In a March 2006 Links Magazine article regarding the Top Courses, George Peper apologized for devising such a ranking while working at Golf Magazine. He acknowledged the following:

Twenty-seven years ago while editor-in-chief of GOLF Magazine, I perpetrated something called “The Top 100 Courses in the World.” For that mistake, and everything it has wrought, I am deeply and eternally sorry.

GOLF Magazine has also established its Top 100 Instructors listing. Obviously they didn’t get George’s message.

I know a few of the names on this list. I read their monthly columns from time to time. What amazes me is that many of their efforts deliver topical remedies most experienced instructors know. There aren’t many new thoughts, just semantics. I wondered what qualifies an instructor for this list.

I thought some of the attributes might include the following considerations:

Instruct Tour players

Operate their own teaching academy

Teach at a recognized golf club

Be a quality player

Have a Masters or Doctorate degree

Be associated with a recognized teacher

Have their own TV show


Many of these teachers are deserving of recognition. But don’t stop at 100. Oh my, gosh no. Several more are worthy or this recognition. If you wonder what the difference is between one of these Top 100 Teachers and others working weith adults and juniors on a day-to-day basis, I’ll tell you. It is marketing pure and simple.

I don’t doubt some of these noted instructors are qualified to make up such a list but how many are reaching out to the mainstream that comprise the golfing public? Teaching tour players provides a wonderful platform for recognition and marketing but what task is more difficult – teaching a player with incredible talent or one with very little? How wide is the moat they’re sticking their Trackmans into?

These days some of the teachers to the “tour stars” throw down their technological voodoo to refine swings a few tenths of a degree off kilter. However most know a tour player’s success lies between the ears and on the putting green. Quite often they just need to be told they are the best player in the world. I know several individuals capable of performing that task.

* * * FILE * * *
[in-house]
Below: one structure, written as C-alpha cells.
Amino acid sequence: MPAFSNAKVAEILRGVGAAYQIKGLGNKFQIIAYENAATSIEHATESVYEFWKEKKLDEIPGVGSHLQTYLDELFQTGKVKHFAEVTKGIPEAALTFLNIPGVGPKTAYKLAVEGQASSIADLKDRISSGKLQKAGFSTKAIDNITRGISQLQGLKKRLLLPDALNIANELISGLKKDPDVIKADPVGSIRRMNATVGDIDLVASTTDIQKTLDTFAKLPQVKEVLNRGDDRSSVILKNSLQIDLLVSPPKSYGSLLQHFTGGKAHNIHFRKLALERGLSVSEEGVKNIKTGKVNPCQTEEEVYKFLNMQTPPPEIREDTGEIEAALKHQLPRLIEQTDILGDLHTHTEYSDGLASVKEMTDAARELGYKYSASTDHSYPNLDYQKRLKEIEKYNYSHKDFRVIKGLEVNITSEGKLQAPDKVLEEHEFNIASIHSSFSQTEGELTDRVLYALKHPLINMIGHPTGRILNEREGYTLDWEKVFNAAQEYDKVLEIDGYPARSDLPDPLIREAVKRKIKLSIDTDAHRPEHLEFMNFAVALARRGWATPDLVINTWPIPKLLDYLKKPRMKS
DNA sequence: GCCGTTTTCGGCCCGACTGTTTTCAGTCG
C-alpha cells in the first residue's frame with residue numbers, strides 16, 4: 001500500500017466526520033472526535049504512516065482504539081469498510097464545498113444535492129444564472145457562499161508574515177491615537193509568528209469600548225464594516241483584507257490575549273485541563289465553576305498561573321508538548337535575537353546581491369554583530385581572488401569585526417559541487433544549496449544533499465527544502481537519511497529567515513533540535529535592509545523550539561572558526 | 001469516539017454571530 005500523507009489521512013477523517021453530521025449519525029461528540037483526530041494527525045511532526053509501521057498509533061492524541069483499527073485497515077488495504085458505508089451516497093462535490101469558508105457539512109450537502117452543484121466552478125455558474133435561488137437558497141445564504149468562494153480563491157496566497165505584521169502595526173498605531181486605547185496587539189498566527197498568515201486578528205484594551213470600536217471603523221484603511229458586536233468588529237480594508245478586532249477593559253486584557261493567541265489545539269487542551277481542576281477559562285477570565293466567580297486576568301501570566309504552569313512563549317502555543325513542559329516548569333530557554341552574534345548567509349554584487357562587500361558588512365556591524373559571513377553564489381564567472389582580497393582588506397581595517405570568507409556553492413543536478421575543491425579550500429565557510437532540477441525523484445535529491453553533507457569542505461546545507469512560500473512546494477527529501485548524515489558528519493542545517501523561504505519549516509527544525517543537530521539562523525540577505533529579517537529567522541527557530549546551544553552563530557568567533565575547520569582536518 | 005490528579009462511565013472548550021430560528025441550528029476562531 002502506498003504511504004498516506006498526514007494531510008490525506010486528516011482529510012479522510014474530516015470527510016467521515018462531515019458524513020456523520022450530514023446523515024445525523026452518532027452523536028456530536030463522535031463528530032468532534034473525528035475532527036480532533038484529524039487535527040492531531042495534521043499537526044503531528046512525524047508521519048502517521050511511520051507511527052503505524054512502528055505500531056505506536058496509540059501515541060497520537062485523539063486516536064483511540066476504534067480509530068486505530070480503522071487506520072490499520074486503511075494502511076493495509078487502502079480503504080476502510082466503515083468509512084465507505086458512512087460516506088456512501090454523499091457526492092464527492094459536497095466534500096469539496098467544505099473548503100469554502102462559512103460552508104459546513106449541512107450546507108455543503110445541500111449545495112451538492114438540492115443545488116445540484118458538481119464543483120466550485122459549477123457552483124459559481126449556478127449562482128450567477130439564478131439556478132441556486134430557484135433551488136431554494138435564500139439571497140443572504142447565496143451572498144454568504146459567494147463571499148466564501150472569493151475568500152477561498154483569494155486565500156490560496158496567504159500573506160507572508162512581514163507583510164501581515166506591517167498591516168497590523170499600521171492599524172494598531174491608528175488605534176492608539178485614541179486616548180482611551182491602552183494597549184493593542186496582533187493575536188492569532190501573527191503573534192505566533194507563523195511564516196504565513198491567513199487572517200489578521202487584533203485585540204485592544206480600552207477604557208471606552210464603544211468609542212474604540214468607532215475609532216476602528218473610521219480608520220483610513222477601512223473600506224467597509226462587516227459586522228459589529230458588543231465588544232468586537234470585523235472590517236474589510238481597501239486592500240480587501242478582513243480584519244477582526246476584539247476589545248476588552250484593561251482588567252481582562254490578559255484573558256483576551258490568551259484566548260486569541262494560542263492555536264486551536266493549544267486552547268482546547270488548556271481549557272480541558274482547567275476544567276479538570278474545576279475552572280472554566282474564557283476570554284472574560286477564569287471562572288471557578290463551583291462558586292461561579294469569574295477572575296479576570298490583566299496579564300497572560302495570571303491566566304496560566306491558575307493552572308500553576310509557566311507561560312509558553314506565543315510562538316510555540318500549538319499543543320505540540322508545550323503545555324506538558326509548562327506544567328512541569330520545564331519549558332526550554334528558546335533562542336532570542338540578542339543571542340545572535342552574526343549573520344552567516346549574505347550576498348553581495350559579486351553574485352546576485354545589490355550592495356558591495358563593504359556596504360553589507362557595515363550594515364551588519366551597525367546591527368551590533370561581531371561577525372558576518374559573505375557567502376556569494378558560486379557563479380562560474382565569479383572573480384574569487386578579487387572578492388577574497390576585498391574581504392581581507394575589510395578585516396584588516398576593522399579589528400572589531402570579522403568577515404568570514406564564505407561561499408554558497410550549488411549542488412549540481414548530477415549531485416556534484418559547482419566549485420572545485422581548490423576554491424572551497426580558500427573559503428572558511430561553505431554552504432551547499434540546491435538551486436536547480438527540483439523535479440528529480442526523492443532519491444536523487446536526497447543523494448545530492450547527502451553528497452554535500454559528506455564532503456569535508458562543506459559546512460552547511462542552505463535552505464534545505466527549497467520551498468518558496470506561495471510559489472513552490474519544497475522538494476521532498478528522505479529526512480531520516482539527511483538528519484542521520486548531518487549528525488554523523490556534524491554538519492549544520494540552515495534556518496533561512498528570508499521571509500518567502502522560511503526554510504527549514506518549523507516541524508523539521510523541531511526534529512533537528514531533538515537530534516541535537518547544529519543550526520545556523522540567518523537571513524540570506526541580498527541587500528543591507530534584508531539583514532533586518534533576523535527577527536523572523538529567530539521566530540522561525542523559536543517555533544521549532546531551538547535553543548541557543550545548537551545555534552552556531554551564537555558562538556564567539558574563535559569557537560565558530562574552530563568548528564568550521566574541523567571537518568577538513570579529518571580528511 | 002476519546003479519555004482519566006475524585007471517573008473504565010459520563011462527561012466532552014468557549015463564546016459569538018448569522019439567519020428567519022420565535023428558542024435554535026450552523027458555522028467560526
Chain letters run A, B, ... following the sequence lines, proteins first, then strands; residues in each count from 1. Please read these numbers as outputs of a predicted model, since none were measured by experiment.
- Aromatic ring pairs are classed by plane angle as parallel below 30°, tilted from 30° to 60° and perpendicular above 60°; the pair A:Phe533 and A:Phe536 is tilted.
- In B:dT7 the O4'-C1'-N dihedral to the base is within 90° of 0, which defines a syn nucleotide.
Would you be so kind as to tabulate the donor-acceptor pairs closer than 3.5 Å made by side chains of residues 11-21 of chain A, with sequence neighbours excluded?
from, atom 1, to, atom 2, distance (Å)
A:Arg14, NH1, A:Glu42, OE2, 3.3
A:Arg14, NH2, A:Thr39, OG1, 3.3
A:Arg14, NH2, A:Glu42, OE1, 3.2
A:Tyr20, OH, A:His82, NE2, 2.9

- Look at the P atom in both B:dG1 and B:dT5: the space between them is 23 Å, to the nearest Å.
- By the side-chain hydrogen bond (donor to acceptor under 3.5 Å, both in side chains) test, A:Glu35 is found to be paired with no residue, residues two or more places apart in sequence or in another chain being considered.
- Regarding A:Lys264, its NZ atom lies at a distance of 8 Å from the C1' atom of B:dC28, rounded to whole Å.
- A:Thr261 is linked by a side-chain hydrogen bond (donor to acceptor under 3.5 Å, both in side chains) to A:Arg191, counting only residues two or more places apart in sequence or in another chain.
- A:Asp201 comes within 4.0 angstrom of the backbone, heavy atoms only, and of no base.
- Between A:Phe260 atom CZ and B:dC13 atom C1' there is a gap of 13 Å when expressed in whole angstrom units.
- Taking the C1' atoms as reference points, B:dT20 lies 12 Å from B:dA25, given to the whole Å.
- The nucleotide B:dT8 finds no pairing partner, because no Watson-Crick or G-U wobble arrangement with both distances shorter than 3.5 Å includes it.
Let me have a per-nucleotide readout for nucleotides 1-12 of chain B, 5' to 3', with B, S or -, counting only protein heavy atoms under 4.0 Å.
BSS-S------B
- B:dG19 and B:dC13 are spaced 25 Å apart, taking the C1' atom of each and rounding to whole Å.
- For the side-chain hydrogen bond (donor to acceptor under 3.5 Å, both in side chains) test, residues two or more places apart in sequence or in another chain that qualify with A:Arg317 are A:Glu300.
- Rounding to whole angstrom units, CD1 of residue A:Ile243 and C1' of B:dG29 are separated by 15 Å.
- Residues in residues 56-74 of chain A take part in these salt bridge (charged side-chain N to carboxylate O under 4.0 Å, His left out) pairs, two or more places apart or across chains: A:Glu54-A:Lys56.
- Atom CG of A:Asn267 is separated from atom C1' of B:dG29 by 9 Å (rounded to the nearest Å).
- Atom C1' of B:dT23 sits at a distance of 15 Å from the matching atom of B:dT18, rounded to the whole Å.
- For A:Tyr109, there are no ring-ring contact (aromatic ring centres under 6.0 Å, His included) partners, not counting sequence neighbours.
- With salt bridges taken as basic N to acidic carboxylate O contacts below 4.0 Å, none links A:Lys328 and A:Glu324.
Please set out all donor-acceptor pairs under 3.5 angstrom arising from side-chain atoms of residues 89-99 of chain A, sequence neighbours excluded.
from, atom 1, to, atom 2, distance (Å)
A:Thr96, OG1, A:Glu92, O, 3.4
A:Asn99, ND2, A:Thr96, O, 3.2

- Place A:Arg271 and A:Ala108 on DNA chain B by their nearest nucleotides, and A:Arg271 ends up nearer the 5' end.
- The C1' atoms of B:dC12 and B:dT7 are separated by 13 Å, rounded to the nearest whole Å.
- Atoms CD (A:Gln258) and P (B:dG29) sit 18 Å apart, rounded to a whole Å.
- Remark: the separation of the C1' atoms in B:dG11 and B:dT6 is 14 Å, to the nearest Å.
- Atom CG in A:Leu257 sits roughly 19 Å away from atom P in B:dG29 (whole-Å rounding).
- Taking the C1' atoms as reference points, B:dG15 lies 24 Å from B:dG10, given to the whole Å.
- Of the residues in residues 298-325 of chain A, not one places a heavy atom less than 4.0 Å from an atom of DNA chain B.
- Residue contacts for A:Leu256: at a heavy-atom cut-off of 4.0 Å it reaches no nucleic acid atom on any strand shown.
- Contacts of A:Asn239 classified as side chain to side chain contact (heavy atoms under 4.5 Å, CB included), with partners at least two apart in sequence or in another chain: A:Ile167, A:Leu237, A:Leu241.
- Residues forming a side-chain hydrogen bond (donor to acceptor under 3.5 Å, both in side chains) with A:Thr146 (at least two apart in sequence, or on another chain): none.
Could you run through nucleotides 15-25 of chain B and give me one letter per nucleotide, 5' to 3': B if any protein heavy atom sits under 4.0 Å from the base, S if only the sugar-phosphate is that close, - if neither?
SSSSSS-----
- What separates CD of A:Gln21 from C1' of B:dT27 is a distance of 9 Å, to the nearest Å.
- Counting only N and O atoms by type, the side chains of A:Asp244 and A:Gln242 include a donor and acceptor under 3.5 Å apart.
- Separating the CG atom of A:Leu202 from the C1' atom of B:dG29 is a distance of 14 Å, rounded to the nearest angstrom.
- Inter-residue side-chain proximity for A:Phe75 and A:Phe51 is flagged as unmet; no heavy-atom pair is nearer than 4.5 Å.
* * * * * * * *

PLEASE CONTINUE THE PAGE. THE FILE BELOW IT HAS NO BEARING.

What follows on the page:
Yet others are instructing players with multiple degrees of inefficiency. Their challenges are often visible to the naked eye. I doubt many of these mainstream swingers are hitting the “fitness trailer” six days a week. Tour players they aren’t but they still want to improve. It’s like the old saying – “when the student is ready the teacher will appear.”

The best teachers in the world are the ones who interact with their students on more than the aspect of swing improvement. They promote the enjoyment of playing golf at every level. They talk about the history of the game. They inform players about the benefits of equipment features. They go out on the course with their students and observe/direct their playing habits. They highlight basic rules applications. These are the best teachers in the game and in too many cases they go unrecognized.

A top teacher in my book might instruct juniors in the morning, conduct a beginning ladies clinic in the afternoon and finish up with a variety of individual sessions before sundown. There might be a chance to grab a drink and half a sandwich between appointments. Through all of the time spent with his/her students the professional is intent on improving other’s games. This happens day in and day out. Instructors you’ve never heard of providing the connection to help others truly enjoy playing — scores of instructors not mentioned on GOLF’s list.

Currently the PGA of America boasts some 28,000+ members. For a magazine to single out 100 teachers is shortsighted. In a way it is also an insult to those who teach and promote the game throughout their career. I expect better of a national golf publication.  It’s like paying an eighteen hole greens fee and only playing one hole.

So for those whose teach under the radar for the love of the game, CONGRATULATIONS! You’ve made my list. I won’t limit it to the first triple digit number. My list is malleable. One thing is certain. If you’ve just given your first lesson or hit four figures, your efforts have made a difference to a person who loves golf. That is the main criterion for my list. But more importantly we need to grow the list of players discovering the great benefits of our game. That is the list that matters most. Go add to it.